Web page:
The Carmelites though have never forgotten Albert of Jerusalem who gave them their first "Way of Life". He is recognised as a saint in their calendar and, in recent years, numerous books have been written on Albert and the "Way of Life" which he bequeathed to them. Brother Pat Mullins' two volume "Documentary Biography" is one of the latest of these publications and the scale of his researches, over 1200 pages, is a treasure trove for anyone seeking to learn more about Albert and a worthy tribute to a legate who gave his life in the service of the Church. Patrick Mullins has brought together an enormous collection of documents written by or reflecting on the activities of Albert. Inevitably such a collection is not always easy reading but it is a valuable resource for any studying the life of an Italian bishop at that period or the affairs in the Holy Land between 1206-1214.
Patrick Mullins' efforts mark the culmination of a series of books which he has produced on Albert, his "Way of Life" and the early Carmelites, these include St Albert of Jerusalem and the Roots of Carmelite Spirituality (2012), The Carmelites and St Albert of Jerusalem: Origins and Identity (2015), and The Bollandist Dossier on St Albert of Jerusalem (2015). And another essay of Patrick Mullins has just appeared: "The Carmelite Rule: Text and Authors", in Celebrating Albert and His Rule, ed. Michelle Sauer and Kevin Alban (2017), 25-34.
In the face of such scholarship, one hesitates to add any critical remarks but there are a few aspects of the two volumes on The Life of St Albert which may alert the reader to take care. The major problem is with the index which accompanies each volume. It is clearly signalled at the beginning of each index that entries are arranged in reverse of the usual order, e.g. entries on Albert of Jerusalem are to be found under each of the many titles which Albert had, so, in volume 1, there are entries for him under "Bobbio, bishop-elect"; "Jerusalem, patriarch"; "Vercelli, bishop and count" (not just bishop) and "Holy Cross of Mortara, canons regular, priors" as well as two unattached entries: "Albertus Episcopus (1200)" and "Albertus Vercellensis (1196)". This can be quite confusing as the Canons Regular of Mortara do not occur under Mortara but under "Holy Cross".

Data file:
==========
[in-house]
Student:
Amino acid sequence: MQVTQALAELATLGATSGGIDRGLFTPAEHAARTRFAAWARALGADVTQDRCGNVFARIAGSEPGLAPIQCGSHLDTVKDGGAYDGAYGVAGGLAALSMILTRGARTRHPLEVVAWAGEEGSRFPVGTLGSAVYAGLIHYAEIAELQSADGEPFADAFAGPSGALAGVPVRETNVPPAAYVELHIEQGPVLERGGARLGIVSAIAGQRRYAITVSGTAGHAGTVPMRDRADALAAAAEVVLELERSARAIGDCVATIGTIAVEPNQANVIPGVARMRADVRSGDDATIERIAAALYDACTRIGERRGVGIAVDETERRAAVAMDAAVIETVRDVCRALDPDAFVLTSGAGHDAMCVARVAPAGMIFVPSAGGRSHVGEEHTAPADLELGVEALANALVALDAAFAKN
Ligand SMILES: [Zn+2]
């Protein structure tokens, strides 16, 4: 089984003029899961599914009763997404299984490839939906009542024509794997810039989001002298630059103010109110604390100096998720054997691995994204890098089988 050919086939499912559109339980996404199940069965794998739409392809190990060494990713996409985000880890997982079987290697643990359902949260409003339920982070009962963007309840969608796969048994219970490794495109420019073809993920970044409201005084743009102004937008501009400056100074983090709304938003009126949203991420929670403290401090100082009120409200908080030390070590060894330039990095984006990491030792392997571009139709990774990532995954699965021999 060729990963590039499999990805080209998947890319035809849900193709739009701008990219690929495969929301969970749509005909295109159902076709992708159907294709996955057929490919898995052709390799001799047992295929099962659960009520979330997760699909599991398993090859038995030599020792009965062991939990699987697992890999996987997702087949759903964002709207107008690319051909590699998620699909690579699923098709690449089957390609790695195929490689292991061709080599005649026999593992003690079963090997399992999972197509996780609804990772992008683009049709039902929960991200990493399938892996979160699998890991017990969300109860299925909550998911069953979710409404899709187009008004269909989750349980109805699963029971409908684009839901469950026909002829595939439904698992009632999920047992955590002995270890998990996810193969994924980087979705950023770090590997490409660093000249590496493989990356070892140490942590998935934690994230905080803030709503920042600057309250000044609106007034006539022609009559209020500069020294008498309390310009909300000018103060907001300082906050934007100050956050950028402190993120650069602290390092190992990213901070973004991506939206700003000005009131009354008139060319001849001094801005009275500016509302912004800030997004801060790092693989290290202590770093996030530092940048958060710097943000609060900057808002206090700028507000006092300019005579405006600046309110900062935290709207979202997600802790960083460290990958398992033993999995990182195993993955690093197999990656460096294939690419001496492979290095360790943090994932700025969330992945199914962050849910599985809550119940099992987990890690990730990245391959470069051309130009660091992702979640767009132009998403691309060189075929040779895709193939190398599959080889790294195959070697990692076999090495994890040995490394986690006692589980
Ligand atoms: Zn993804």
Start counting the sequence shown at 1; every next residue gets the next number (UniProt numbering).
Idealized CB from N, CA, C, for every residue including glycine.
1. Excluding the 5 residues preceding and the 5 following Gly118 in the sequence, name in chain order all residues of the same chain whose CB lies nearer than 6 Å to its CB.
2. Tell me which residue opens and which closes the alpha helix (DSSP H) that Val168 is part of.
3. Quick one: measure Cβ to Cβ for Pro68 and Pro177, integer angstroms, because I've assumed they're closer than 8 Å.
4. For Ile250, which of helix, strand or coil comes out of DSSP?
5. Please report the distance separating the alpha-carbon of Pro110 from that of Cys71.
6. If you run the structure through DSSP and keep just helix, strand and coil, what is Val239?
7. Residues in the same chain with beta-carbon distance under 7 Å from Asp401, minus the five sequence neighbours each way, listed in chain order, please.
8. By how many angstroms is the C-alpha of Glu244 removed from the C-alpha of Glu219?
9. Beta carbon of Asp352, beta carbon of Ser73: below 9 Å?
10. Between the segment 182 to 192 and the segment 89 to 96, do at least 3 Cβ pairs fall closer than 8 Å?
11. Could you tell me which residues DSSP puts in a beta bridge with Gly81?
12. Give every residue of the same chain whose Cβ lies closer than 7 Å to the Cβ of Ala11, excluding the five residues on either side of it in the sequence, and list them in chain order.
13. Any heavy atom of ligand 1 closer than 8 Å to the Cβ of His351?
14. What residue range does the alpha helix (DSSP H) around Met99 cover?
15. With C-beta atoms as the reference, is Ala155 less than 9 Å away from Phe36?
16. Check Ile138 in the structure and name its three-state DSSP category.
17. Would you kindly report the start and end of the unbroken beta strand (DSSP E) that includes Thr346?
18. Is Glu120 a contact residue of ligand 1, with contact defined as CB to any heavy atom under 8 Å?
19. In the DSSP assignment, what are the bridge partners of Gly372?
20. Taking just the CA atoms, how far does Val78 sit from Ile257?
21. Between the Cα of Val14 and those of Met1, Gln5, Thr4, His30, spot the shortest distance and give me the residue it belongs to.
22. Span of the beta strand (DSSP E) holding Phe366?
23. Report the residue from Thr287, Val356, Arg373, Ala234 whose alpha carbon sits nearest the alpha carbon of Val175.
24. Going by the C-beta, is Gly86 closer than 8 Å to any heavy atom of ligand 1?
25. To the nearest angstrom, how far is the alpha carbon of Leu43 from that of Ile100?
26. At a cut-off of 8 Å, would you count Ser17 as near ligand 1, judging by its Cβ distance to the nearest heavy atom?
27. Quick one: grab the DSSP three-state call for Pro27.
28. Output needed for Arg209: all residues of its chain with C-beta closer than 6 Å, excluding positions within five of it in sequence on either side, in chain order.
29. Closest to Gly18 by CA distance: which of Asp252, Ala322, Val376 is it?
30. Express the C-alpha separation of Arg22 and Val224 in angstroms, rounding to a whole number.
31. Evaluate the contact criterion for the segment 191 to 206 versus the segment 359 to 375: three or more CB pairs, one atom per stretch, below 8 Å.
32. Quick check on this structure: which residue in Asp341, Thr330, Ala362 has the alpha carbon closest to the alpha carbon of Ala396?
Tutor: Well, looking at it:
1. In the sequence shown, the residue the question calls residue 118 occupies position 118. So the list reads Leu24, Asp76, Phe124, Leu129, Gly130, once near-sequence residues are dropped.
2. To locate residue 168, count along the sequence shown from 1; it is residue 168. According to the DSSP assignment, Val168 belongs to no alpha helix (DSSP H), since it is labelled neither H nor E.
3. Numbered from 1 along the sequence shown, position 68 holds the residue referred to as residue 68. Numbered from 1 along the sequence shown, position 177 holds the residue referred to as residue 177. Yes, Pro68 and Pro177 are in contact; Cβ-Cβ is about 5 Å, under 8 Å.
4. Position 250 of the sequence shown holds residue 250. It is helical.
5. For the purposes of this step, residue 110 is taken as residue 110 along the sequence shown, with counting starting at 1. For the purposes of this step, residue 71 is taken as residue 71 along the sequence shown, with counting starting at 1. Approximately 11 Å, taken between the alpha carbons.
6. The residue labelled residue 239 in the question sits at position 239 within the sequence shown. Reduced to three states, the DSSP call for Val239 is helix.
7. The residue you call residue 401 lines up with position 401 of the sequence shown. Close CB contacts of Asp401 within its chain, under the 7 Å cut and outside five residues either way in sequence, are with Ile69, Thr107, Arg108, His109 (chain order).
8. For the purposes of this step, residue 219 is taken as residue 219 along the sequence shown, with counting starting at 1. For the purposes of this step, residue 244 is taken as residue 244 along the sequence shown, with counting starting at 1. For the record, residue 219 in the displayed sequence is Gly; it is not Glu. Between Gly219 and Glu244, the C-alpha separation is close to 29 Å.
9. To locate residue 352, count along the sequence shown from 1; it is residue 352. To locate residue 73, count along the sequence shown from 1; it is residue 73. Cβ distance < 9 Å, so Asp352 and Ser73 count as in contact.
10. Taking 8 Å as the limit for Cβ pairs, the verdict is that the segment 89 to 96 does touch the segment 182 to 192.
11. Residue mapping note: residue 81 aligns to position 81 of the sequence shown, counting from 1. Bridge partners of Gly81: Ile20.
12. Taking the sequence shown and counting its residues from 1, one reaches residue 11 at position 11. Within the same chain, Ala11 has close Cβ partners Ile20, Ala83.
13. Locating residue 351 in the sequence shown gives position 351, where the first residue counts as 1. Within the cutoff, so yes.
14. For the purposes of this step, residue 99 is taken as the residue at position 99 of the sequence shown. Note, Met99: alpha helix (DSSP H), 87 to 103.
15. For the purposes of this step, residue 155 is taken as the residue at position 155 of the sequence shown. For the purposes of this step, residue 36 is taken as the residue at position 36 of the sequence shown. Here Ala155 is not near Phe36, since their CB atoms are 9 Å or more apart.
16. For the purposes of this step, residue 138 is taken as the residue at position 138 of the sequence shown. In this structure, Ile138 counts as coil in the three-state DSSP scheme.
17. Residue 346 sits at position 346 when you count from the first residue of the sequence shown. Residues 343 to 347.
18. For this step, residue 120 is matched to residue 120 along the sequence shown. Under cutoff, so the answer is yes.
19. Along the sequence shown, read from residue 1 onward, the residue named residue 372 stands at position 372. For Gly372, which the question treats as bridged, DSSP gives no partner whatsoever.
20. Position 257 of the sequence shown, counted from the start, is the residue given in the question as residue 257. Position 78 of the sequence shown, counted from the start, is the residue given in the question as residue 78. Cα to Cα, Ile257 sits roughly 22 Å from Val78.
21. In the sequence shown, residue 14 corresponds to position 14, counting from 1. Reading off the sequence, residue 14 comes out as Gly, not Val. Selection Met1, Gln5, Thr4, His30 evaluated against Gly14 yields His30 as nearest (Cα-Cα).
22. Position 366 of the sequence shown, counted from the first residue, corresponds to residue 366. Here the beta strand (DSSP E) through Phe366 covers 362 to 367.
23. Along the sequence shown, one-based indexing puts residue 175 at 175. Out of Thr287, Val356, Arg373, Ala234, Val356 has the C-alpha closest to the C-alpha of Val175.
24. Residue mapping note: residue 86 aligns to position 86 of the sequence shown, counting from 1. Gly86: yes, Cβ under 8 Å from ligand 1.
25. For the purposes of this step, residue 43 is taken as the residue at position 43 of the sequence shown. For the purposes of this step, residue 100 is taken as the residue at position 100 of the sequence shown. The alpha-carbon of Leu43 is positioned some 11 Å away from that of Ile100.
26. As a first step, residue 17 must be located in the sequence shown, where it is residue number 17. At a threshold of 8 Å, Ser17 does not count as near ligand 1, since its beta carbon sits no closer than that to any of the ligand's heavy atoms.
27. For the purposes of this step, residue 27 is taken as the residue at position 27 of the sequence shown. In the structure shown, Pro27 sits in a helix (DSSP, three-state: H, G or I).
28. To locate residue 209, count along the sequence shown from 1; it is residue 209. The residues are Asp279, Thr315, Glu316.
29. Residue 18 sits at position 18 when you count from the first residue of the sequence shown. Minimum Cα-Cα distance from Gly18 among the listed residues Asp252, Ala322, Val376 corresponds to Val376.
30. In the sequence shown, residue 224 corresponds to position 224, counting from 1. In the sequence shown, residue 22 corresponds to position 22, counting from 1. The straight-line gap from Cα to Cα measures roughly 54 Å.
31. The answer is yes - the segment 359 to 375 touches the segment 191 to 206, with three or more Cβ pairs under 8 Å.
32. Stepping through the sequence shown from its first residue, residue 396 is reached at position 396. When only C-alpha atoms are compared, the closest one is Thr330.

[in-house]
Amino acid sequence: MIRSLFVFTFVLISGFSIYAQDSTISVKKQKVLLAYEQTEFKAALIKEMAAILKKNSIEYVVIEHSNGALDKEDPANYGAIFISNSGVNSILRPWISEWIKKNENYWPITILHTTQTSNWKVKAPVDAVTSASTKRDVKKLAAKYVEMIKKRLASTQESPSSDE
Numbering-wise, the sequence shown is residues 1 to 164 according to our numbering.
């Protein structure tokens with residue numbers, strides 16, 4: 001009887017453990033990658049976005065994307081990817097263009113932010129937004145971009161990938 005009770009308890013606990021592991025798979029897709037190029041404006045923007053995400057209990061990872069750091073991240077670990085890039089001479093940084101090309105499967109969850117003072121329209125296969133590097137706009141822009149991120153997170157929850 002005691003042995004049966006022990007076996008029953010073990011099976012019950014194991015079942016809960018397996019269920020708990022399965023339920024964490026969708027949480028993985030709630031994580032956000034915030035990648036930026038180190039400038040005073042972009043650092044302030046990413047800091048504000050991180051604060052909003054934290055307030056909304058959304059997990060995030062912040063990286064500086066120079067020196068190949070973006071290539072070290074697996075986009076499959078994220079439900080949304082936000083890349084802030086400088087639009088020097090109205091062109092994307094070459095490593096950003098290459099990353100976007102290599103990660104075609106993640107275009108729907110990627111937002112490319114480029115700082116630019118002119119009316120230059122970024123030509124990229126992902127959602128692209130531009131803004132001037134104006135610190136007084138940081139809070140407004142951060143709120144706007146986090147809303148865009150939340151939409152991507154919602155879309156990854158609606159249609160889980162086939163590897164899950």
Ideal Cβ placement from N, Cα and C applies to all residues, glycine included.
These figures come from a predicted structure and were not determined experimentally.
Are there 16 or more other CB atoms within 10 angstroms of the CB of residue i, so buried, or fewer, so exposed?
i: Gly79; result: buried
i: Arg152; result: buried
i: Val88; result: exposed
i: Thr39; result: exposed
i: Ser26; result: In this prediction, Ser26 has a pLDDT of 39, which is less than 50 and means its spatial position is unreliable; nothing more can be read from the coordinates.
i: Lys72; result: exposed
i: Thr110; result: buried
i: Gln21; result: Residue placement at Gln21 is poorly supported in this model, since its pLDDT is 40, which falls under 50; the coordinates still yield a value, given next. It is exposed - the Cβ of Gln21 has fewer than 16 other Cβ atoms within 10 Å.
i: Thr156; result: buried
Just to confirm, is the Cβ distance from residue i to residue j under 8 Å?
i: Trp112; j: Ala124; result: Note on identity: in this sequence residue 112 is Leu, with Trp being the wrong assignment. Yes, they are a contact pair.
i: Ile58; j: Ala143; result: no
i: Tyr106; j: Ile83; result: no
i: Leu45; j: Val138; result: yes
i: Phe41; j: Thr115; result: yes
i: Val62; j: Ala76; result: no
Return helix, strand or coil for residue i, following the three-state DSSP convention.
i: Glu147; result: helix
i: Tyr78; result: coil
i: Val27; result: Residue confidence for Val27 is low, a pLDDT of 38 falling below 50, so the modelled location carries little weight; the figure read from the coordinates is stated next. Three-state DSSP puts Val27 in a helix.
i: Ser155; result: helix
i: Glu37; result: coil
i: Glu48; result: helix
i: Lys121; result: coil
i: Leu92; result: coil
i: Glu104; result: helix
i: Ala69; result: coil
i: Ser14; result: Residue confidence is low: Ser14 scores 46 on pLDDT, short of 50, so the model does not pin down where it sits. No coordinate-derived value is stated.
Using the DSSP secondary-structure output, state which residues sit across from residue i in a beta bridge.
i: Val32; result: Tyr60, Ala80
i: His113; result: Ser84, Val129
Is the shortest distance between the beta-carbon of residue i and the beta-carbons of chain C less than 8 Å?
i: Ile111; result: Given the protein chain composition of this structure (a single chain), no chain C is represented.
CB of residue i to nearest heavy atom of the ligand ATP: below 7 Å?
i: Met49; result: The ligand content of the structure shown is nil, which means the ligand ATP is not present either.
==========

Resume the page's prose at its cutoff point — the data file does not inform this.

In addition, the page numbers given in volume 1 index, seem to go astray around page 227 as all later page numbers are one out, i.e. Pavia is cited to appear on page 227 but actually is found on page 228, etc. Unfortunately, the index in volume 2 is worse as the page numbers given there can be up to 9 pages wrong, e.g. Philip Ribot is cited as appearing on page 458 but actually occurs on page 467 whilst bishop Walter of Acre has a reference to page 499 but this should correctly be page 508.
Lastly, Patrick Mullins shows some excellent research in tracing the phrases and quotations given in the Carmelite Rule and probably deserves a prize for the largest number of footnotes used, i.e. 155 footnotes for a Rule which contains only 1750 words. This painstaking research will be a great boon to Carmelites and others who study the formation of the Rule and its sources. My only problem here is with the fact that 84 of these footnotes refer to Patrick Mullins' earlier book St Albert of Jerusalem and the Roots of Carmelite Spirituality. Carmelite communities are usually fortunate to have complete sets of his works but for lay historians studying our Order, especially students in educational establishments, there is no guarantee that all the works which Patrick Mullins has written will be available in their libraries. It would have been nicer to see the section on the Rule in volume 2 as a more self-contained text.
However, the above criticisms should not detract from what is a tremendous piece of research on the life of St Albert which is going to serve as an essential source for anyone studying the life of St Albert and especially for Patrick's and my fellow Carmelites who, hopefully, will seek to learn more about the very talented papal legate who first provided us with a framework by which to live our religious lives.